Gail: About 200 people came. We just wanted to help people get some practical information - like what they do for you in a bank, what is insurance anyway, if I have extra money what is the best way to use it (keep it in a sock?). Just all kinds of little practical things that a lot of people don't know about. We rented rooms in a hotel downtown and sold tickets. Each member of the committee was in charge of a study group. Like one person was in charge of the study group on insurance, so he went out and got one or two insurance agents to come in and give a presentation: do you really need insurance? What are the basic kinds of insurance?, etc. Somebody else did a group on investing, somebody else on banking. A woman who wasn't on the F.D.C. did a workshop on budgeting. It was a light workshop - helpful little hints on saving and stretching money. We also had a study group on small businesses that was a really largely attended one. Somebody on the committee went out and got a speaker from the Small Business Administration who talked about how to set up your own business - what you need, laws, etc.
Paul: It sounds pretty comprehensive.
Gail: It was good. Most people really enjoyed it. But they wanted more. We just barely skimmed the surface on a lot of topics. Afterwards we had a party on a boat. A band from Providence came up, and we had a casino and an auction for prizes. It was real nice. We sailed around Boston Harbor for about three hours. It was a good ending for the conference.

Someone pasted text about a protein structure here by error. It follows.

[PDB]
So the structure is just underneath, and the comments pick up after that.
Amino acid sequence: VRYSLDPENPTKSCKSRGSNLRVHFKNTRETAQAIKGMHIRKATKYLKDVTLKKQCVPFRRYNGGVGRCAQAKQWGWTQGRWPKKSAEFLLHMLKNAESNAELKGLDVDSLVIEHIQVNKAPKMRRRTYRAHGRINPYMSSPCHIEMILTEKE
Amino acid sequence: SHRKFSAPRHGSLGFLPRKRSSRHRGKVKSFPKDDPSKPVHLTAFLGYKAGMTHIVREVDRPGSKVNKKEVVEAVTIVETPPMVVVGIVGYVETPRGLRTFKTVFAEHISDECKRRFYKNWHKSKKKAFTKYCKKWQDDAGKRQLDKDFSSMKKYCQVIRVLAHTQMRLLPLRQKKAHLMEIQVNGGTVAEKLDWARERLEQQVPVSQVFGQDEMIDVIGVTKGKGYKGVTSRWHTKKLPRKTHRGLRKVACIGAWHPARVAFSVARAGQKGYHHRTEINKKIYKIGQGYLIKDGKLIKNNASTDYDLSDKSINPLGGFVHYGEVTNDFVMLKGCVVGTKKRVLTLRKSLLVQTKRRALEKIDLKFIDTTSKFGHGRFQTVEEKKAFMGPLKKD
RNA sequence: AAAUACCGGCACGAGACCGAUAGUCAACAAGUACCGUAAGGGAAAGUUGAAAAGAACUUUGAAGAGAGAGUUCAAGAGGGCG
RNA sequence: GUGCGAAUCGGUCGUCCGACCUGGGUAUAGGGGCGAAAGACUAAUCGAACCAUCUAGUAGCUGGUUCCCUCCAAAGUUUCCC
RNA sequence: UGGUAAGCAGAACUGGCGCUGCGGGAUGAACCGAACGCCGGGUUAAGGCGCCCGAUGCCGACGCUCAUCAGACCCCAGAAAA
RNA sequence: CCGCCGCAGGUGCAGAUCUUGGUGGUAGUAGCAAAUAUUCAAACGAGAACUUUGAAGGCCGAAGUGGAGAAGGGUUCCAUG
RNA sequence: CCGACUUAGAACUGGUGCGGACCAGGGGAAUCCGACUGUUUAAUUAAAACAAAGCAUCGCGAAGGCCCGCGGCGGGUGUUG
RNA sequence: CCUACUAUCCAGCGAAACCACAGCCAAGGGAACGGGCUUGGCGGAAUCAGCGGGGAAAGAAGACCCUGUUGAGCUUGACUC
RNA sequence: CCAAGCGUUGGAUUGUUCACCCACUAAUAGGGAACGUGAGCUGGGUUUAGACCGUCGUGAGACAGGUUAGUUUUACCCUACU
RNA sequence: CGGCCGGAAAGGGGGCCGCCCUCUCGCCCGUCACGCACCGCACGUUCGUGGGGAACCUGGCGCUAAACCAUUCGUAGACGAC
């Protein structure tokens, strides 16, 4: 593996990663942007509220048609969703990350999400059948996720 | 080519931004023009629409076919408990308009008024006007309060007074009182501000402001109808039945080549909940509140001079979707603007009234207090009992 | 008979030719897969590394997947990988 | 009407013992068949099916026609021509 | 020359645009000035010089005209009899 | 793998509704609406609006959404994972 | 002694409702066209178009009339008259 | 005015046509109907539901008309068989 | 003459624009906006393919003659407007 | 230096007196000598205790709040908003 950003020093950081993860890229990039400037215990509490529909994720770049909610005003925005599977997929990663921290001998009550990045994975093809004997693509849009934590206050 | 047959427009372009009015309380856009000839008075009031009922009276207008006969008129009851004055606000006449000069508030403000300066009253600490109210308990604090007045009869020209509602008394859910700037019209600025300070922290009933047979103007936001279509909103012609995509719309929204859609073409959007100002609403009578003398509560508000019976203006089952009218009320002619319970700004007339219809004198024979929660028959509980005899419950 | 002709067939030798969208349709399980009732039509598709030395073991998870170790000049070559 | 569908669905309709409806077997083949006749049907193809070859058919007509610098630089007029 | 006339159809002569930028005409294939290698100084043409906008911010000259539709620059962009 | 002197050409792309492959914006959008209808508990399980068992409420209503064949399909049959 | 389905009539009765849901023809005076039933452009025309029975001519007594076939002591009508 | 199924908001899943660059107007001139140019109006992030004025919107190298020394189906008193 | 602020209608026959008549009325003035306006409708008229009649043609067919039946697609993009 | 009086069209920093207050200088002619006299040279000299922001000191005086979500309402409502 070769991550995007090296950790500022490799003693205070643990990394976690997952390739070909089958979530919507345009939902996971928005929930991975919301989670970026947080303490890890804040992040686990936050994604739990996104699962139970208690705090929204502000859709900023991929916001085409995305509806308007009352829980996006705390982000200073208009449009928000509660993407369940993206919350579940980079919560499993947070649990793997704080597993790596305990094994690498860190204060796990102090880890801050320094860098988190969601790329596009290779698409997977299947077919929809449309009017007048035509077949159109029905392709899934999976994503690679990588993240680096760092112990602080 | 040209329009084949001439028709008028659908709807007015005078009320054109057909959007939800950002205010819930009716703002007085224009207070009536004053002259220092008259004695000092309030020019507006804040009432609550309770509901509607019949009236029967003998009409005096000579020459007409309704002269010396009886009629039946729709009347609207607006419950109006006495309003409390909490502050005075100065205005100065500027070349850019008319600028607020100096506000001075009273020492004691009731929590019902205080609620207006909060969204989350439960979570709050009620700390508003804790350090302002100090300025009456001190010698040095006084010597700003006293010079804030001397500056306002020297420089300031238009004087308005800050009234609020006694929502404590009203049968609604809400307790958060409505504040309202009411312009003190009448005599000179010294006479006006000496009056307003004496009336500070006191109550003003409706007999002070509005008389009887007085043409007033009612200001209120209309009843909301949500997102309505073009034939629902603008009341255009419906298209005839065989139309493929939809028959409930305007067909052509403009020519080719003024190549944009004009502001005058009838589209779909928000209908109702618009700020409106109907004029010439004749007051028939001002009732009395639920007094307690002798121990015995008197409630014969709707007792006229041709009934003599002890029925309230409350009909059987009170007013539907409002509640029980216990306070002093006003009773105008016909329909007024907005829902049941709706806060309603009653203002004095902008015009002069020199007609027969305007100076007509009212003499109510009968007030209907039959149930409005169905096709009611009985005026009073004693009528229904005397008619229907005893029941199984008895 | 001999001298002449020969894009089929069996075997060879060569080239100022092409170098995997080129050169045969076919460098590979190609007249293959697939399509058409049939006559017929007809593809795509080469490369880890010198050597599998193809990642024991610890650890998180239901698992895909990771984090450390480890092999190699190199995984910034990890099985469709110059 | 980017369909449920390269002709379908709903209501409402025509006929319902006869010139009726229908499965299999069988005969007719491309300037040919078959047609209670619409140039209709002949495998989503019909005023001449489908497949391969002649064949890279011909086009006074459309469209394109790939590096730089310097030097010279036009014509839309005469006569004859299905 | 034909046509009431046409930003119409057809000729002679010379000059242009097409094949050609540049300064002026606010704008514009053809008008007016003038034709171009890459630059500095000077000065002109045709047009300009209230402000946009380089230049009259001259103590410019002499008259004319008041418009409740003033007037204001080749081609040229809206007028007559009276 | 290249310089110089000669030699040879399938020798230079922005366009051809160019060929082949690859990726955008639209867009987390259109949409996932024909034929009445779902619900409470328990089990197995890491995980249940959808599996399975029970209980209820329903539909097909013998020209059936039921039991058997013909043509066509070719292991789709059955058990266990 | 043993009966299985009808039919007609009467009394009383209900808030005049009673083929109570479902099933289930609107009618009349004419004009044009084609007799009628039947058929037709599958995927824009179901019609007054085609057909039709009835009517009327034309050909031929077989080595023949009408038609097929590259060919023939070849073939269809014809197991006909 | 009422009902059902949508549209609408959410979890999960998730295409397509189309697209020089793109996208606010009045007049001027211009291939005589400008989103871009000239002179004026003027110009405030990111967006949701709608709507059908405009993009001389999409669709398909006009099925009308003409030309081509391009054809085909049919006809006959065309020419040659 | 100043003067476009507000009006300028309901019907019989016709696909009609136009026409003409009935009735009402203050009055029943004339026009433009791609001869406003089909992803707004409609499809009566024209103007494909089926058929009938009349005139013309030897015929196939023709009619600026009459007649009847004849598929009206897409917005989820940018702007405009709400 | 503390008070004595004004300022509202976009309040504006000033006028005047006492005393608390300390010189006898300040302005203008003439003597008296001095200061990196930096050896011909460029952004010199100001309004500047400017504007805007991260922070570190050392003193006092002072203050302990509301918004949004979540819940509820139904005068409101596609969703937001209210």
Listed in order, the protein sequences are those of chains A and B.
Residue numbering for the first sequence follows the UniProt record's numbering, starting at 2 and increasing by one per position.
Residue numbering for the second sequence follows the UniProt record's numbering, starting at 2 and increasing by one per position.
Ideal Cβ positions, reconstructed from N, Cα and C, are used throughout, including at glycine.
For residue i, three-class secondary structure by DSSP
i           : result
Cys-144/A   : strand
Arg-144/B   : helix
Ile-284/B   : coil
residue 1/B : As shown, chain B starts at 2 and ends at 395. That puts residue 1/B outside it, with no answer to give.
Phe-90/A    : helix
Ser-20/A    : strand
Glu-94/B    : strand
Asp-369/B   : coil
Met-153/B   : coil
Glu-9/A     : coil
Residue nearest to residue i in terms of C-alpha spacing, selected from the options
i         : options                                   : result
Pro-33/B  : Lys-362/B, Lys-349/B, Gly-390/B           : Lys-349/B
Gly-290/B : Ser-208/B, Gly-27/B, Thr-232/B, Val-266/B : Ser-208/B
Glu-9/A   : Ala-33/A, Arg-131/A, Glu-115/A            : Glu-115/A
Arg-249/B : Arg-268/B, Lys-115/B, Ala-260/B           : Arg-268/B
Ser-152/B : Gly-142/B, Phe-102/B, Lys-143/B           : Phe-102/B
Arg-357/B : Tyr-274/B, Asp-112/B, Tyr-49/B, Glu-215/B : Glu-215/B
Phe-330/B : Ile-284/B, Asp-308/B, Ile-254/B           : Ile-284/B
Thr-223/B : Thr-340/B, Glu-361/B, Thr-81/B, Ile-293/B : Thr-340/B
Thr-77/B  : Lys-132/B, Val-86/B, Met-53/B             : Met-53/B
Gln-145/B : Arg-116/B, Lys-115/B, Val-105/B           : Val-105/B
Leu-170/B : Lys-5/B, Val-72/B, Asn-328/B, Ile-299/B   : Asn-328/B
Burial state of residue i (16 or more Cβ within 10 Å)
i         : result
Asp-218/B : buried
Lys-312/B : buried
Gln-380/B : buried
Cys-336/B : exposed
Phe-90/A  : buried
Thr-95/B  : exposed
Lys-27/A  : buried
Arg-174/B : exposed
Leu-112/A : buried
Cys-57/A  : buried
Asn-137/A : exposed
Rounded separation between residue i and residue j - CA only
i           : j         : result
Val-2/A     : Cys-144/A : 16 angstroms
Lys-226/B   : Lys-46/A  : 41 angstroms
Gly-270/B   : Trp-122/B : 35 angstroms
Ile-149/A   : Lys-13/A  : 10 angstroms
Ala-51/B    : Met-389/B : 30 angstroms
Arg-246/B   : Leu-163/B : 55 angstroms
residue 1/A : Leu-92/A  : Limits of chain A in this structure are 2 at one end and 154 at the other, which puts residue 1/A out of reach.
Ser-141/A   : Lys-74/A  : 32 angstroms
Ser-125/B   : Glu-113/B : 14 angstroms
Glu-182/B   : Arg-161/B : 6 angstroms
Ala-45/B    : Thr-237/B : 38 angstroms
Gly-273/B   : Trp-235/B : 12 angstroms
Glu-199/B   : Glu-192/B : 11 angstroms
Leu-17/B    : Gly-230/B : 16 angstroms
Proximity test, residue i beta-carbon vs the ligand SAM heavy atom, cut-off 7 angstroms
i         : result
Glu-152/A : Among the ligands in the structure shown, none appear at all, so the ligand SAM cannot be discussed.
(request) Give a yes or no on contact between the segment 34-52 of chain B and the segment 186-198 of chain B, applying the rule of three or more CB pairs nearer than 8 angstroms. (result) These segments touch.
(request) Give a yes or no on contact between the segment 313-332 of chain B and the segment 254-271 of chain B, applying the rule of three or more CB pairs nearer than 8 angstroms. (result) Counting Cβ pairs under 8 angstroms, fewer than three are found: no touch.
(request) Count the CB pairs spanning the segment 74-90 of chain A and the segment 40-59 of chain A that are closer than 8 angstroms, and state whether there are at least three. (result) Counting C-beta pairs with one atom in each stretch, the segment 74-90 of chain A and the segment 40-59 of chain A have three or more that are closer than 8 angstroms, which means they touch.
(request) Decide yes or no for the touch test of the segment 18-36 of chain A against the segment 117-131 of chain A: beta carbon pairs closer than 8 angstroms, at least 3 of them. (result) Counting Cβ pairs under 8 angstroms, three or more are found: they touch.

Paul: Has there been any follow-up?
Gail: We brought Bill Chiricos, a job counselor from Denver, in for the conference. He's here now doing counseling for people. We did the publicity and set up the appointments, and he's been working on it steadily for a few weeks. Everybody's going to him; he's working 9 to 9 six days a week. So it looks like people are really getting into the idea that we're going to be around in this world for a long time, and we might as well get our physical, as well as our spiritual, trip together while we're here.
From Gail's I went on to visit the F.D.C. temporary chairman, John Foss. John greeted me with an offer for a cup of tea. (I'm beginning to think this is one of those premie rituals we've heard so much about.) I left his apartment five hours later in a very, very high state of mind.
I'm trying to figure out what it was that got John and me so high that afternoon. Honesty is all I can come up with. You begin with the standard raps - polite satsang, holy company, sweet smiles, knowing nods, agreement - and slowly, if both allow it, the pictures you hold of each other that make you talk the way you do begin to fall away, and you're left looking at someone real. And then you begin to talk, really talk, and tell each other what you have to say. I'll always love John for being with me one afternoon. I have listened to the tapes and taken from them what I could. But the truth is that I couldn't capture the spirit of it. You'll just have to go and have sat-sang with somebody yourself: